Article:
This particular cyber militia has been honing its skills and expanding since 2013. That’s when then-Iranian President Hassan Rouhani increased the country’s cybersecurity spending 12-fold, Business Insider reported in 2015. Rouhani allocated roughly $19.8 million to the Islamic Revolutionary Guard Corps (Tehran’s military) to up its cyber capabilities.
While Iran’s hacking efforts were initially focused on countering internal dissidence at the time, as the cyber army’s proficiency grew, so did its virtual fishing net. It has since begun targeting crucial infrastructure in rival country Saudi Arabia, which has seen countless attacks from Iran over the past three years.
Now, Tehran’s hacker army has reason to set its sights on the United States: Uncle Sam’s potential withdrawal from the 2015 nuclear deal that freed up roughly $100 billion in frozen Iranian assets.
U.S. President Donald Trump abhors this deal.
He touted a U.S. exit from the pact at the UN General Assembly on Sept. 19, claiming the treaty is an “embarrassment” and “one of the worst and most one-sided transactions the United States has ever entered into.”
The Possible Aftermath of an Iran Nuclear Deal Disruption
On Sept. 20, Tehran’s digital prowess was highlighted when online security firm FireEye exposed a massive cyber espionage campaign carried out by hackers in Iran.
The hackers had been actively targeting Saudi Arabian (again) and South Korean firms in the following sectors and subsectors:
- Oil refining
They did so, according to FireEye, in an effort to injure the nation’s big corporate enemies and to punish them for making bilateral oil deals with one another.
“The targeting of organizations in the aerospace and energy sectors indicates that the threat group is likely in search of strategic intelligence capable of benefitting a government or military sponsor,” FireEye explained.
Basically, FireEye experts confirm that the Iranian government is behind (or, at least, benefitting from) these efforts.
And proof of the damage the Internet militia can inflict is staggering…
Its hack on Saudi oil refineries, for example, unleashed computer-crippling malware that hit tens of thousands of PCs across the Middle East. It was carried out – in layman’s terms – with a “dropper” file placed (“dropped”) onto one business PC. When opened, that file disseminated malware throughout the entire firm. But it didn’t stop there. The malware then spread like a virus to the computers of said firm’s affiliates and subsidiaries, before rippling out even further to disrupt innocent members of the public’s online activities and home computer systems.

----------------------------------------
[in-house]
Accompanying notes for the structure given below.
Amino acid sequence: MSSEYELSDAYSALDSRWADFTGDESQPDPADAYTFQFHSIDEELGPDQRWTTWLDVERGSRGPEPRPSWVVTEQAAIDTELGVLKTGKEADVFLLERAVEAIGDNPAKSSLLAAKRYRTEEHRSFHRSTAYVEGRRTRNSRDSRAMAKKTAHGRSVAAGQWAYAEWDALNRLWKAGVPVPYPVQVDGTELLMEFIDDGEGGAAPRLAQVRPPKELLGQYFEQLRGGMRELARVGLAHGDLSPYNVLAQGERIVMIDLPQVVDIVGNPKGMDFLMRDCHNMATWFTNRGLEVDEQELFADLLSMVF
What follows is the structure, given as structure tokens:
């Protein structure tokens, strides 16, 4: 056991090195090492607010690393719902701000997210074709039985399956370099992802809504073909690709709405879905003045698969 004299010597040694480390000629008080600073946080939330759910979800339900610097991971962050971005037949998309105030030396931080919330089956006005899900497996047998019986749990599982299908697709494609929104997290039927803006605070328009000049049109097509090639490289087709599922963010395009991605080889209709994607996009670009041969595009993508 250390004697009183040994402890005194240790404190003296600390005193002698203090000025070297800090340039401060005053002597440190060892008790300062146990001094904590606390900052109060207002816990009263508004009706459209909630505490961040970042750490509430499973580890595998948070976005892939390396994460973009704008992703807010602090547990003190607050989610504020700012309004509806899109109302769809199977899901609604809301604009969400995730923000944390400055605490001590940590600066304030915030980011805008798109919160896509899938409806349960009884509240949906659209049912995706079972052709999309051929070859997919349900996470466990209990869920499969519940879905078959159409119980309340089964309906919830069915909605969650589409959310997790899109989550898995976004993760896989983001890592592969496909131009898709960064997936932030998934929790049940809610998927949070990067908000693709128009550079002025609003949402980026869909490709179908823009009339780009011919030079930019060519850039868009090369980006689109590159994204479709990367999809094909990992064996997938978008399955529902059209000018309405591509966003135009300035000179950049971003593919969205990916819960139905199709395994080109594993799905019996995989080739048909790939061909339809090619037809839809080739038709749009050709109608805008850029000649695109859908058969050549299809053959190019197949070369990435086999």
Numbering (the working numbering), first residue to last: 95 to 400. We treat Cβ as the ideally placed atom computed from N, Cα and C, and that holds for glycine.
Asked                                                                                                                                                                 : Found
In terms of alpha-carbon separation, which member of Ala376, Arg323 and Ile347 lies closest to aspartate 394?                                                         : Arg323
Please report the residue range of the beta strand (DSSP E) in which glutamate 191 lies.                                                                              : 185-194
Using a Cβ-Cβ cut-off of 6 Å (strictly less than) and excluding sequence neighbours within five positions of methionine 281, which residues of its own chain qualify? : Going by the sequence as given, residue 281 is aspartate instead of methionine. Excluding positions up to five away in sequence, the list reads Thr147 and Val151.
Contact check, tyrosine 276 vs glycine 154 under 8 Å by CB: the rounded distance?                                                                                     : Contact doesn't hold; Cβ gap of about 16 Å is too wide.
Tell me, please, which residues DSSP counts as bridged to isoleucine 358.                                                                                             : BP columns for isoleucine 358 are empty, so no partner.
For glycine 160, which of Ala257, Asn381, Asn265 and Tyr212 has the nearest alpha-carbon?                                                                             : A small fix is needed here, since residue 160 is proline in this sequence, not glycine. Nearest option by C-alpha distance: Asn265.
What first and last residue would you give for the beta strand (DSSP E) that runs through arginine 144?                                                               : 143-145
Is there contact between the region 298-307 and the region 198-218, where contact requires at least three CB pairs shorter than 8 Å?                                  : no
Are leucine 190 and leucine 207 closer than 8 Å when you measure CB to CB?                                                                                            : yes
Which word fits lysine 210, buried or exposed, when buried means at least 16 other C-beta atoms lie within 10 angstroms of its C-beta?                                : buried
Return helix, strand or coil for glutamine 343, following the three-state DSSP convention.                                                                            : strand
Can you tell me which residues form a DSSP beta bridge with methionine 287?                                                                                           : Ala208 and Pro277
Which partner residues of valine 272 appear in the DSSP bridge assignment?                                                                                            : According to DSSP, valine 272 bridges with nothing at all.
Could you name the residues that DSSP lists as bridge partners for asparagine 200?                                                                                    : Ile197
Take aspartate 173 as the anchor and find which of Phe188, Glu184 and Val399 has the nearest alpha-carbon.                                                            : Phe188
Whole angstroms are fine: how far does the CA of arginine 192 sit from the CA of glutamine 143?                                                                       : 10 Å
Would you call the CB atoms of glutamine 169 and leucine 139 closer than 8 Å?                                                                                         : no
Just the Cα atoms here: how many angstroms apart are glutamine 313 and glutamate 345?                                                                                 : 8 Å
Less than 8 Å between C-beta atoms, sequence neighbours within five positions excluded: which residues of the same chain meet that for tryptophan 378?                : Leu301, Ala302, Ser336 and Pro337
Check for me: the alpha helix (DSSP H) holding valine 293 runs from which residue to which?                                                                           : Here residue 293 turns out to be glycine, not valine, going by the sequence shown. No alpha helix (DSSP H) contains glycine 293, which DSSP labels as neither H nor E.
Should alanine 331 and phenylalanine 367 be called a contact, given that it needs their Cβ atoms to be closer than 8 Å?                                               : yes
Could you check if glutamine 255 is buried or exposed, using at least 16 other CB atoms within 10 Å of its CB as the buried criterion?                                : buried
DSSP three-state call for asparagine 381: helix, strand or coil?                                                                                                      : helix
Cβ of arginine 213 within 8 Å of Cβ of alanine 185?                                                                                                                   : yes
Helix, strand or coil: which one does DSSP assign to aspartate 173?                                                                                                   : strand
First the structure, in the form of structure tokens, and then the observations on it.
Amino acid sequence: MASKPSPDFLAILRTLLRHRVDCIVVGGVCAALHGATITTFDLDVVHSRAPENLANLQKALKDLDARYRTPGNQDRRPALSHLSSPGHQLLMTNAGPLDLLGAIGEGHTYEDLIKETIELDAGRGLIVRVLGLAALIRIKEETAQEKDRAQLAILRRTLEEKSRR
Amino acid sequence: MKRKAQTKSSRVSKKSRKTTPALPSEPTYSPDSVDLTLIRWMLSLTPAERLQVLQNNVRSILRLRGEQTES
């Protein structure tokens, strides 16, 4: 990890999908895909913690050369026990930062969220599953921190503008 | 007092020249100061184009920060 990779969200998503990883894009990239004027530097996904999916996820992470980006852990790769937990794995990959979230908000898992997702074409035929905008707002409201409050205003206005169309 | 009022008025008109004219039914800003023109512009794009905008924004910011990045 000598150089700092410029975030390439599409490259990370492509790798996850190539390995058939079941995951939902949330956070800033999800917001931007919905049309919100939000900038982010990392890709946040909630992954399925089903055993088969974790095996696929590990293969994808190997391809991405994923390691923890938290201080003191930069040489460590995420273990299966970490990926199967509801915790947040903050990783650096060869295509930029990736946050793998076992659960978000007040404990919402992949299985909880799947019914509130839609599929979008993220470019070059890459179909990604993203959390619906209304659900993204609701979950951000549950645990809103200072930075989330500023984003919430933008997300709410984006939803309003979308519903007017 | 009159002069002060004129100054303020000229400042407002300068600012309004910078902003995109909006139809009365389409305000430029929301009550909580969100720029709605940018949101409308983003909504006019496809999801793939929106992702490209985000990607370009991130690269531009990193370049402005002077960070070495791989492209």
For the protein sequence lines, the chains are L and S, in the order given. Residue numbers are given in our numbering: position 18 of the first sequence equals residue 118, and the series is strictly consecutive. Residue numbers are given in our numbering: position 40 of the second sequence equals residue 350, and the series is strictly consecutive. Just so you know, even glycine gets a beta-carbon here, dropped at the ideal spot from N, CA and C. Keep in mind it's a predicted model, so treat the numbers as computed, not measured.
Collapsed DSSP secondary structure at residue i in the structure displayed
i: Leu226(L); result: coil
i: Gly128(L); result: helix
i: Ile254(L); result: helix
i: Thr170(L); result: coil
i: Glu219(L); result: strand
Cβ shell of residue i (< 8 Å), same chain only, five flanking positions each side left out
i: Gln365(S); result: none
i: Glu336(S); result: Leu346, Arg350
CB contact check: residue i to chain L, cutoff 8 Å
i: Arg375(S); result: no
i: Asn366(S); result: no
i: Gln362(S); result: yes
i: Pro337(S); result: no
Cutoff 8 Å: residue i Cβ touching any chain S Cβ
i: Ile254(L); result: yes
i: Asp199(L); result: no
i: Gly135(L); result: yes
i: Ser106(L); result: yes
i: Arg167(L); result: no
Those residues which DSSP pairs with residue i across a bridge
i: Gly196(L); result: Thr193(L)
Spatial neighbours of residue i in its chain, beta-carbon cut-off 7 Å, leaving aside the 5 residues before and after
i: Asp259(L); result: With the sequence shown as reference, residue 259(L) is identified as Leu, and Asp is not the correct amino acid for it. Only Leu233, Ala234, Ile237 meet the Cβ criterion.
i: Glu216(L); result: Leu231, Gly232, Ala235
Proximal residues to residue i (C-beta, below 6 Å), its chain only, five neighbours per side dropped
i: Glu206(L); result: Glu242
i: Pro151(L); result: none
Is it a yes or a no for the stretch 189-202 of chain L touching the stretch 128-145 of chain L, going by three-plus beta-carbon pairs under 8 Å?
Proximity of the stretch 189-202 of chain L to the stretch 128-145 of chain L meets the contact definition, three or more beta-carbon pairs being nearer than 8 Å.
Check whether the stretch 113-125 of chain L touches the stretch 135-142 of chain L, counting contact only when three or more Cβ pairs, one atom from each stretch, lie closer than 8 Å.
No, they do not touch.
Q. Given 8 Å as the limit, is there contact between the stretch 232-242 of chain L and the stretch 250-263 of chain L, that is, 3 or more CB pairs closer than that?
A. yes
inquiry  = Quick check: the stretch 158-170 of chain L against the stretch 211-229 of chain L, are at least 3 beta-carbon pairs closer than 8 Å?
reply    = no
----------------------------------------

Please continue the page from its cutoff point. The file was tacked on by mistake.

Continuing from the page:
Iranian Hacker Armies Could Take Down These Multibillion-Dollar U.S. Firms
Here are just a handful of companies you could expect to see targeted (and Iran wouldn’t need to target many, considering how quickly its hackers’ malware spreads):
- Boeing Co. (NYSE: BA) – aviation/military/defense
- Lockheed Martin Corp. (NYSE: LMT) – aviation/military/defense
- Exxon Mobil Corp. (NYSE: XOM) – oil refining/petrochemicals
- Chevron Corp. (NYSE: CVX) – oil/petrochemicals
These four corporations listed above all have massive market caps in the double-digit billions, and each one has beaten the S&P 500 average this year as well.
Invest in America’s Cybersecurity
The U.S. Department of Defense has over 15,000 computer networks and 7 million computers connected to bases around the world.
This has made cyberspace the Pentagon’s “Achilles’ Heel.”
An Iran-based attack could be truly devastating. In fact, according to Forbes, the rise of hackers digitally breaking into major corporations and government agencies is projected to cause $2.1 trillion in damage.
But the Defense Advanced Research Projects Agency (DARPA) is about to stomp out that threat.
They’ve been working with a legendary hacker from the “D.C. Black Ops Unit” of a major defense contractor that also has deep ties to MIT.
Together they have developed a breakthrough new system that can withstand a national-level cyberattack… and counterstrike these clowns at “net speed.”
Full article: If the Iran Nuclear Deal Collapses, Iranian Hackers Will Target These U.S. Companies (MoneyMorning)